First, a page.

Discretionary nature of equity
Unlike a right recognisable in law, all equitable rights are enforceable only at the discretion of the court. Thus, although since the Supreme Court of Judicature Acts 1873 and 1875, the rules of law and equity have both been administered by the same courts, it is important to know whether one is dealing with a legal interest or an equitable interest.
In the context of equitable rights, the maxim ‘he who comes to equity must come with clean hands’ is of great importance. A person may be able to show he has an equitable interest in land, but this is of little use to him if he has ‘dirty hands’, as he could be refused any remedy by the courts because of his bad behaviour. For example, if he claims to have an equitable easement entitling him to walk across another estate owner’s land, he may find he is refused a remedy to enforce his right of way if he has behaved improperly.
Legal rights, however, are enforceable as of right. Once the existence of the right is established it is not really open to the court to consider the merits of the situation before giving a remedy. Thus, if a person with a legal easement causes damages, the land owner may be able to claim compensation but the easement will still be enforced by the courts.
Enforcement against third parties
A major difference between legal and equitable rights used to be found in the rules governing the enforceability of those rights against a third party, for example, against the purchaser of the estate which is subject to the rights. Thus, while a legal easement over a piece of land could be enforced against a purchaser of land, it might not be enforceable against certain purchasers.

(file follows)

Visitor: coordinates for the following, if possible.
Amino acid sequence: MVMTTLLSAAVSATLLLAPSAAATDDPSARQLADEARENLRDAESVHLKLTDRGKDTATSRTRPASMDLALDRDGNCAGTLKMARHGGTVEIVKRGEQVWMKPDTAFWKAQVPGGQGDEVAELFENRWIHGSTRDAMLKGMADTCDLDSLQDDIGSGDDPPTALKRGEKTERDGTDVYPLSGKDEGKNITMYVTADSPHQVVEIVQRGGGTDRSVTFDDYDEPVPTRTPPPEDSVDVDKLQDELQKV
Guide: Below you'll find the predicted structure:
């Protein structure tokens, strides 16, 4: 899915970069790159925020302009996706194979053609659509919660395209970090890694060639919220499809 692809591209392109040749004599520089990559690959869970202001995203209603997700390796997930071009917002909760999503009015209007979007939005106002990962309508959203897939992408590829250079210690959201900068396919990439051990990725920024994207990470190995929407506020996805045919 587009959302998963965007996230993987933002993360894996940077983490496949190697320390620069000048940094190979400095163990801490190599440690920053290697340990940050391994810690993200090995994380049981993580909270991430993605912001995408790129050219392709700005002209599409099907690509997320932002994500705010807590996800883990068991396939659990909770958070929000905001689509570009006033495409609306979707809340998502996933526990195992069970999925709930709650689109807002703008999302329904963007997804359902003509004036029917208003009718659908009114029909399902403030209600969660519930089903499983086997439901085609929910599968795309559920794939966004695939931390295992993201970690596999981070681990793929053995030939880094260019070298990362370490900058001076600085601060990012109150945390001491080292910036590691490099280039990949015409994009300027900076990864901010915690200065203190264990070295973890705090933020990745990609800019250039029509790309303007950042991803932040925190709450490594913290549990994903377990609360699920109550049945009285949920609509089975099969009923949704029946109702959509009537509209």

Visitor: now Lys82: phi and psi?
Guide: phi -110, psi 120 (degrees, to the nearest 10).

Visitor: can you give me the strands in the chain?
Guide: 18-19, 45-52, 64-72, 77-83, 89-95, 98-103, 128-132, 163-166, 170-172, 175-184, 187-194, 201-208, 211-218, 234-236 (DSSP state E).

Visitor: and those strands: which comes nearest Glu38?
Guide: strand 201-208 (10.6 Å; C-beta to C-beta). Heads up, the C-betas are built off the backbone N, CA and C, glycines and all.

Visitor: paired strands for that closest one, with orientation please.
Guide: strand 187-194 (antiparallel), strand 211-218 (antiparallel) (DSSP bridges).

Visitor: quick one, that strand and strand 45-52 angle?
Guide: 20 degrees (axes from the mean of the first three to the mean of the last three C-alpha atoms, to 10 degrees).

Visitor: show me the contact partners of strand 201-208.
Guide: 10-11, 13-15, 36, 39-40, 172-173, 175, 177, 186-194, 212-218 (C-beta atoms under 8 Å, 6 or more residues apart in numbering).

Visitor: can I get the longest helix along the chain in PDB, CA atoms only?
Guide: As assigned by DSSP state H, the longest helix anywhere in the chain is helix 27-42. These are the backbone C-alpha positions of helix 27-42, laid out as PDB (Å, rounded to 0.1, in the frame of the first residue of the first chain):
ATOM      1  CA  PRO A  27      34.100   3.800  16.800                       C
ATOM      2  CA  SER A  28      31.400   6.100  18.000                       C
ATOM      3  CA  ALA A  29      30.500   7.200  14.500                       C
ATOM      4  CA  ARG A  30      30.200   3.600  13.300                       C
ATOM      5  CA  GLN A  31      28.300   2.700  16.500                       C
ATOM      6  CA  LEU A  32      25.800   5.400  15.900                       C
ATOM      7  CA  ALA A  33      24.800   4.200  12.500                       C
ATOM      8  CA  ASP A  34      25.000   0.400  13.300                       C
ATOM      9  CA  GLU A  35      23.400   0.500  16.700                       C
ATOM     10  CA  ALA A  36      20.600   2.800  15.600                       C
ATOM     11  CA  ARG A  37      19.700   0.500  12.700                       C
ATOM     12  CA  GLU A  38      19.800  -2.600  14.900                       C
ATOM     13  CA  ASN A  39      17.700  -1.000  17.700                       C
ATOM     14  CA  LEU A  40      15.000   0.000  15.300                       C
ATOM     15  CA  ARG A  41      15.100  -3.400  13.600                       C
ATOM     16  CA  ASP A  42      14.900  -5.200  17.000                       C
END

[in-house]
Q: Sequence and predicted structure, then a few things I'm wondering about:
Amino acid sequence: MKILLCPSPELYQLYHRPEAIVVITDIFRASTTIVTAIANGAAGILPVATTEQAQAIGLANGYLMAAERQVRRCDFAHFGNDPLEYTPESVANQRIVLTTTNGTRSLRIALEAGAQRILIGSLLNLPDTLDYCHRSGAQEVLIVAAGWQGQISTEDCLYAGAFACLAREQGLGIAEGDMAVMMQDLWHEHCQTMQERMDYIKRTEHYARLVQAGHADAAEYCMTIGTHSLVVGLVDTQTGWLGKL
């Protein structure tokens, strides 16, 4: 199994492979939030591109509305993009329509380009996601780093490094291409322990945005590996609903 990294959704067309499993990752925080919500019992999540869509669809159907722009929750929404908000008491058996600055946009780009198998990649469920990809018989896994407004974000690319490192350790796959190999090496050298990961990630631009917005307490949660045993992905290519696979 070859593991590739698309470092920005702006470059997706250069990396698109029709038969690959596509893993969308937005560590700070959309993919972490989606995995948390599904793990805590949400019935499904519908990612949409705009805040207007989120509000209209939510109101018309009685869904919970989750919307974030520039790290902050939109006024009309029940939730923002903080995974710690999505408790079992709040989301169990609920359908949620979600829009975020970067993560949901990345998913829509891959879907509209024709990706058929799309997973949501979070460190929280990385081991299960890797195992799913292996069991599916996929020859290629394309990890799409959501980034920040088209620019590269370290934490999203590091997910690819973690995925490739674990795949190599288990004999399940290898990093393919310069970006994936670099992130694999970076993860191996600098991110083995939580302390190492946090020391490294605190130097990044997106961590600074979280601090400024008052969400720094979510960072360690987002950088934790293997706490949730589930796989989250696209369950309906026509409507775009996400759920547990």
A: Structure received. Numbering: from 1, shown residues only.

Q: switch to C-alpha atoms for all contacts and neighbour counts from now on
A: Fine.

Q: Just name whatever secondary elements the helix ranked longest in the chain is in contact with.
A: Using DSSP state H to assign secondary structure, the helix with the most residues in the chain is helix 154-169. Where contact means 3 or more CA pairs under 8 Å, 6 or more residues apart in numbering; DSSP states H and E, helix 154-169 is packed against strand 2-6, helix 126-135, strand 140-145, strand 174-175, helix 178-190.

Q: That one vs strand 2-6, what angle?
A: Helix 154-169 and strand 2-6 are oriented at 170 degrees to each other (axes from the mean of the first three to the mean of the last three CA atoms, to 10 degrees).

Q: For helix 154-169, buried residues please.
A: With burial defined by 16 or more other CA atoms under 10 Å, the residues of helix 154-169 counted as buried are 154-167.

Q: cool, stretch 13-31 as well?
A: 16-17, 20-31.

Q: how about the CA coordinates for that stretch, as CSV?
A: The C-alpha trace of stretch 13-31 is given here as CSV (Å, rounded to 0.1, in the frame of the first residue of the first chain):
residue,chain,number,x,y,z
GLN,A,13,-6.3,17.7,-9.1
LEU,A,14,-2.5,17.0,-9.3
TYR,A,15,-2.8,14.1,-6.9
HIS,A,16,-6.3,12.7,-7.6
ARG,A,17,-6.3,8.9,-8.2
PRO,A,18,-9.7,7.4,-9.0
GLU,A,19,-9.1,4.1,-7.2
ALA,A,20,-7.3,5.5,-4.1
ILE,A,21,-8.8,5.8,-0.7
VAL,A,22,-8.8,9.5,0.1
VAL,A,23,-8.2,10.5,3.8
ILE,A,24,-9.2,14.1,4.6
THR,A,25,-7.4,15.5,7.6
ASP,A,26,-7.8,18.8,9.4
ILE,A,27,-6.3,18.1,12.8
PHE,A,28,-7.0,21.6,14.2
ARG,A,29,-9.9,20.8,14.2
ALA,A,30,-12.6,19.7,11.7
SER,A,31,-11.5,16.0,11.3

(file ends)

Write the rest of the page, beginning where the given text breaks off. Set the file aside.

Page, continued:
This was a rule which had its origins in the separate evolution of law and equity. Legal rights were said to be rights in rem; ie, rights in the land itself and hence generally could be enforced against any person who acquired an estate or interest in the land. This was expressed by saying that legal rights were ‘good against the world.’
By contrast, equitable rights were only rights in personam; ie, rights which were enforceable against certain categories of person, because it was considered to be fair or equitable that they should take subject to them. The rule which applied to equitable interests was that they bound everyone who took the legal estate except a bona fide purchaser for value of that legal estate without notice of the equitable interest. This rule is commonly referred to as the ‘notice rule.’
Over the years, the courts decided that that it would be fair to enforce such rights against: those who inherit from the trustee; those who take the property from him as a gift (‘donees’); and those who buy the property from him either knowing about the beneficiary’s rights or deliberately closing their eyes to them.
At the end of this development, there was just one person against whom it would not be fair to enforce the beneficiary’s rights: someone who buys the legal estate in ignorance of the fact that it is trust property, despite having made all the appropriate enquiries; ie, to use the technical phrase, the bona fide purchaser of the legal estate for value without notice.
Although Maitland (Equity (1936)) explains the doctrine of notice by reference to the trust, the courts applied it to all equitable interests. The doctrine of notice only applies in unregistered land to determine priority of equitable interests not governed by the Land Charges Act 1925.